Despite being a giant video game fan, and a huge RPG nerd to boot, I somehow skipped the Pokemon craze when it hit the U.S. in the 90s. I was the right age, with the right mindset, but something kept me from ever picking it up. Besides putting in a few curious minutes on my brother’s copy of Pokemon Red on the original Gameboy, I missed the boat.
But 2018 me is a very different person than awkward teenager me, so I’m wondering if now might be the time to get onboard. Of course, Pokemon GO, the mobile augmented-reality phenomenon, piqued my interest, as have this week’s releases of Pokemon Let’s Go Pikachu and Pokemon Let’s Go Eevee on the Nintendo Switch. So I started thinking about why I avoided Pokemon for all these years, and I think I’ve figured it out.
The grind. You hear about it a lot in Japanese RPGs, the need to repeatedly plow through battle after battle against normal enemies to strengthen your characters enough to proceed. Stuck on a difficult boss? Grind. Otherwise, you’re doomed to die over, and over, and over. Given that storyline has never been a huge part of the Pokemon series, the grindy battles seemed to be pretty much all the games had to offer. Awkward teenager me was not interested in the grind. If it didn’t have anime heroes vanquishing evil while falling in love, I probably wouldn’t be playing.
However, I’ve found my tastes have changed since reaching adulthood. I don’t know if it’s something chemical in my brain, a newfound love for the primal surge of endorphins that comes from making numbers on a screen get larger, but I spend a ton of time playing classic games and grinding for way more levels and money than I need. I find it sort of… soothing? It’s hard to explain. Maybe there’s a sense of accomplishment in it, something we stop seeing so often post-school, when no one is putting gold stars on our well-written papers or awarding us trophies for moving speeches about Western democracy. I may not be a Nobel prize winner, but darn it, I hit Level 99 in Dragon Quest, and that’s good enough for me!
That’s why I think I might be ready for Pokemon. The newest games, Let’s Go Pikachu and Let’s Go Eevee, are apparently designed to remove a good deal of the grind and focus much more on the Pokemon GO-esque style of play that favors capturing new creatures over building up the ones you have through combat. Still, it might be a good transition game, particularly since it connects with Pokemon GO in some interesting ways — sharing Pokemon across games, for example.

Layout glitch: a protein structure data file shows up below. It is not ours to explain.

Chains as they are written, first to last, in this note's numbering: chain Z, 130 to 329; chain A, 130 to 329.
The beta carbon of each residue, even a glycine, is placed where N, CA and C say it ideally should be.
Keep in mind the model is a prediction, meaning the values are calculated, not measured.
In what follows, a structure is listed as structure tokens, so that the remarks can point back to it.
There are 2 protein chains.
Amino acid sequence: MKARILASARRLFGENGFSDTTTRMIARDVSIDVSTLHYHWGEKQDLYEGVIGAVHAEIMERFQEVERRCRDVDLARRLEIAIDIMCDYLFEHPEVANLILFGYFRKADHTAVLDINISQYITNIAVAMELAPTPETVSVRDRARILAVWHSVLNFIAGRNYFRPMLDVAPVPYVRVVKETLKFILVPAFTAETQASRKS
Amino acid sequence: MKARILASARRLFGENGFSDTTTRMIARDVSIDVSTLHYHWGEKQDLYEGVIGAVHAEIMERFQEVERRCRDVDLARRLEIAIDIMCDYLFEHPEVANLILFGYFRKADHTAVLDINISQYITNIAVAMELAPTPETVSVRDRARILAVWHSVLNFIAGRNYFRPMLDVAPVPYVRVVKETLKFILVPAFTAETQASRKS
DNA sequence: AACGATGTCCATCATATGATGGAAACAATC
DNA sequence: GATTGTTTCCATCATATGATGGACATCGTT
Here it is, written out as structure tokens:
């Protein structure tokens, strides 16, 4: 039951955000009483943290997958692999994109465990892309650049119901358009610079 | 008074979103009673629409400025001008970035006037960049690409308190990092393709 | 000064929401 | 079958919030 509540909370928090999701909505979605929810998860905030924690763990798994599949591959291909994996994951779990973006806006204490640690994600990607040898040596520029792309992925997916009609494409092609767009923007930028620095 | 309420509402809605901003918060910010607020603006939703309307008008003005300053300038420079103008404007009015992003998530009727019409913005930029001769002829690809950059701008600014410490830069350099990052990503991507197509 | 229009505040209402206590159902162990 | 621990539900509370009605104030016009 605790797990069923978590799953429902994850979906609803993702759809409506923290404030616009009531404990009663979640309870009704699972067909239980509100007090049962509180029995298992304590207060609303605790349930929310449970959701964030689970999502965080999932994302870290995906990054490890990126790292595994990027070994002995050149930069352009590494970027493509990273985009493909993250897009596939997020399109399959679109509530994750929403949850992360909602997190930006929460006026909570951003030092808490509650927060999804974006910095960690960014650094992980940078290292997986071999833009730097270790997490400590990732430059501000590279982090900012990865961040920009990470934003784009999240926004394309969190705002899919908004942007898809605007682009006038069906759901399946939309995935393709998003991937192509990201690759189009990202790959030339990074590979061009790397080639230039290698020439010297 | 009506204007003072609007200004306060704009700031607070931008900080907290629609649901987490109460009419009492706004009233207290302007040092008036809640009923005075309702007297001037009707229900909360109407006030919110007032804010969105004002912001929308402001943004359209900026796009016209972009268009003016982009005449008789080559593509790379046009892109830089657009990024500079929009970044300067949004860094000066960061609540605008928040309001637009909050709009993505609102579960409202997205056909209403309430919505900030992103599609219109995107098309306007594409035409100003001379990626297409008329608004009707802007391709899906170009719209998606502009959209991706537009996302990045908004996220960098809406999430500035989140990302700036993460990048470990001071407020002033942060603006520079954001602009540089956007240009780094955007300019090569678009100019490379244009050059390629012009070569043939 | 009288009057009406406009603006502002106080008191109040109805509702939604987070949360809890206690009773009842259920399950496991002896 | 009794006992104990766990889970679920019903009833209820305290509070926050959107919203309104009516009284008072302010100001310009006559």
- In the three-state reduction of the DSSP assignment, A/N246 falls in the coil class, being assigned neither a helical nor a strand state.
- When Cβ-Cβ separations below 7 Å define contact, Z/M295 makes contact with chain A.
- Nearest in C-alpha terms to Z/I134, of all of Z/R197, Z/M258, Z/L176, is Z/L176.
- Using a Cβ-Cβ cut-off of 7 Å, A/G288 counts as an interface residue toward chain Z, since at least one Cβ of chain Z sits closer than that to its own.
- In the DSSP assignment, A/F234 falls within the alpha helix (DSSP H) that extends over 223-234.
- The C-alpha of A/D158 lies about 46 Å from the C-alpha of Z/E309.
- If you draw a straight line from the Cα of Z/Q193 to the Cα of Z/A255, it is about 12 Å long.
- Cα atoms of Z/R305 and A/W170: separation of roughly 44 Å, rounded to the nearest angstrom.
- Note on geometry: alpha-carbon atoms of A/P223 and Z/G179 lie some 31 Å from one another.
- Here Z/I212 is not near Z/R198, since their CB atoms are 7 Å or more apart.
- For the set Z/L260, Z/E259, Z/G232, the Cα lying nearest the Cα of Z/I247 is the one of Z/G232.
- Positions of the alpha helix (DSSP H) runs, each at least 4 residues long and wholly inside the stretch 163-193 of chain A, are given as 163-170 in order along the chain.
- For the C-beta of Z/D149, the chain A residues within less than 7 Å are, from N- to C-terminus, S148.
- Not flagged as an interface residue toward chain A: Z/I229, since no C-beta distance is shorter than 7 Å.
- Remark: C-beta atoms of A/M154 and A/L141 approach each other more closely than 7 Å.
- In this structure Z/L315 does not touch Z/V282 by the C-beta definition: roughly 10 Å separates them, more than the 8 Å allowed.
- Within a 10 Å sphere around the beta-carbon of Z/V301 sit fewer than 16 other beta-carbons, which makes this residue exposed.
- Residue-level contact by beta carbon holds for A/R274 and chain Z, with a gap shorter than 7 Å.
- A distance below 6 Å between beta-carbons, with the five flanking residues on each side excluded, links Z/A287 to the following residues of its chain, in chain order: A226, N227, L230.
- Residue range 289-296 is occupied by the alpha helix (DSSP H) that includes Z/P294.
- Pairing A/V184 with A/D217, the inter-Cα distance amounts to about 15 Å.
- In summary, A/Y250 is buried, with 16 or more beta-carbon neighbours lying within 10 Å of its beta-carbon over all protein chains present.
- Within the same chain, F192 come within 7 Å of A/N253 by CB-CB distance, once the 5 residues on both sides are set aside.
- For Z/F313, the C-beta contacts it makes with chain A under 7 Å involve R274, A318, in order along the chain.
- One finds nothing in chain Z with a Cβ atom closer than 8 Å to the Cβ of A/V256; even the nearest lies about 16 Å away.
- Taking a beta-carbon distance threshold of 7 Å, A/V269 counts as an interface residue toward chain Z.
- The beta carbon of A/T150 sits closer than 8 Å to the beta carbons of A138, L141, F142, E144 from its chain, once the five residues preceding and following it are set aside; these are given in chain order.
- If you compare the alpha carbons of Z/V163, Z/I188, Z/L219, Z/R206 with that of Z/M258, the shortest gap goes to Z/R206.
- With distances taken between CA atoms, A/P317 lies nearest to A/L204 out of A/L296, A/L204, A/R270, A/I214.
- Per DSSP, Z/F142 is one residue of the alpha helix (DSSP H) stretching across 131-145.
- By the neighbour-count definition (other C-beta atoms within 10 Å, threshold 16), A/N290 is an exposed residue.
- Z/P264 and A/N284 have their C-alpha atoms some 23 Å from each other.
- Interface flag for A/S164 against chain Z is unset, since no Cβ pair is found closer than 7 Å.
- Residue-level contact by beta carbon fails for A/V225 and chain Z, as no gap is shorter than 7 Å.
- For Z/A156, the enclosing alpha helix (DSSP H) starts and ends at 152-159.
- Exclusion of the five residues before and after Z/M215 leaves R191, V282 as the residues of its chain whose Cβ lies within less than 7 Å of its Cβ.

I have plenty of friends whose tastes I respect who swear by Pokemon. They’ve been fans from the beginning, and I’m sure they find it odd that I’m not. Grabbing a copy of the newest game (I’m getting the Eevee version because, let’s face it: Pikachu is cute, but it’s got nothing on that little dog-fox-thing we call Eevee) on a system I adore, the Switch, will make it easy for me to grab a few minutes of play on the go, or join up with my wife or other friends in some multiplayer.
My thought is that this will get me primed for the 2019 release of the next “big” Pokemon title release. It’ll be the first core game in the series released on a home console, as opposed to a handheld — semantics about the Switch being both a home console and a handheld notwithstanding. And no doubt it will be the most refined of the core Pokemon experiences yet.
That’s not to say I’d have to wait, though. There are already a ton of great and highly refined Pokemon experiences out there now, notably last year’s Pokemon Ultra Sun and Pokemon Ultra Moon on the Nintendo 3DS, modified and enhanced renditions of Pokemon Sun and Pokemon Moon.
So, if you’re like me, and haven’t taken the Pokemon plunge just yet, consider taking it with me. Being open to new experiences — and not closing yourself off to something just because it’s popular — can be a lot of fun. We’ll see if I’m still on the road to being a Pokemon master after taking Eevee for a spin on Switch.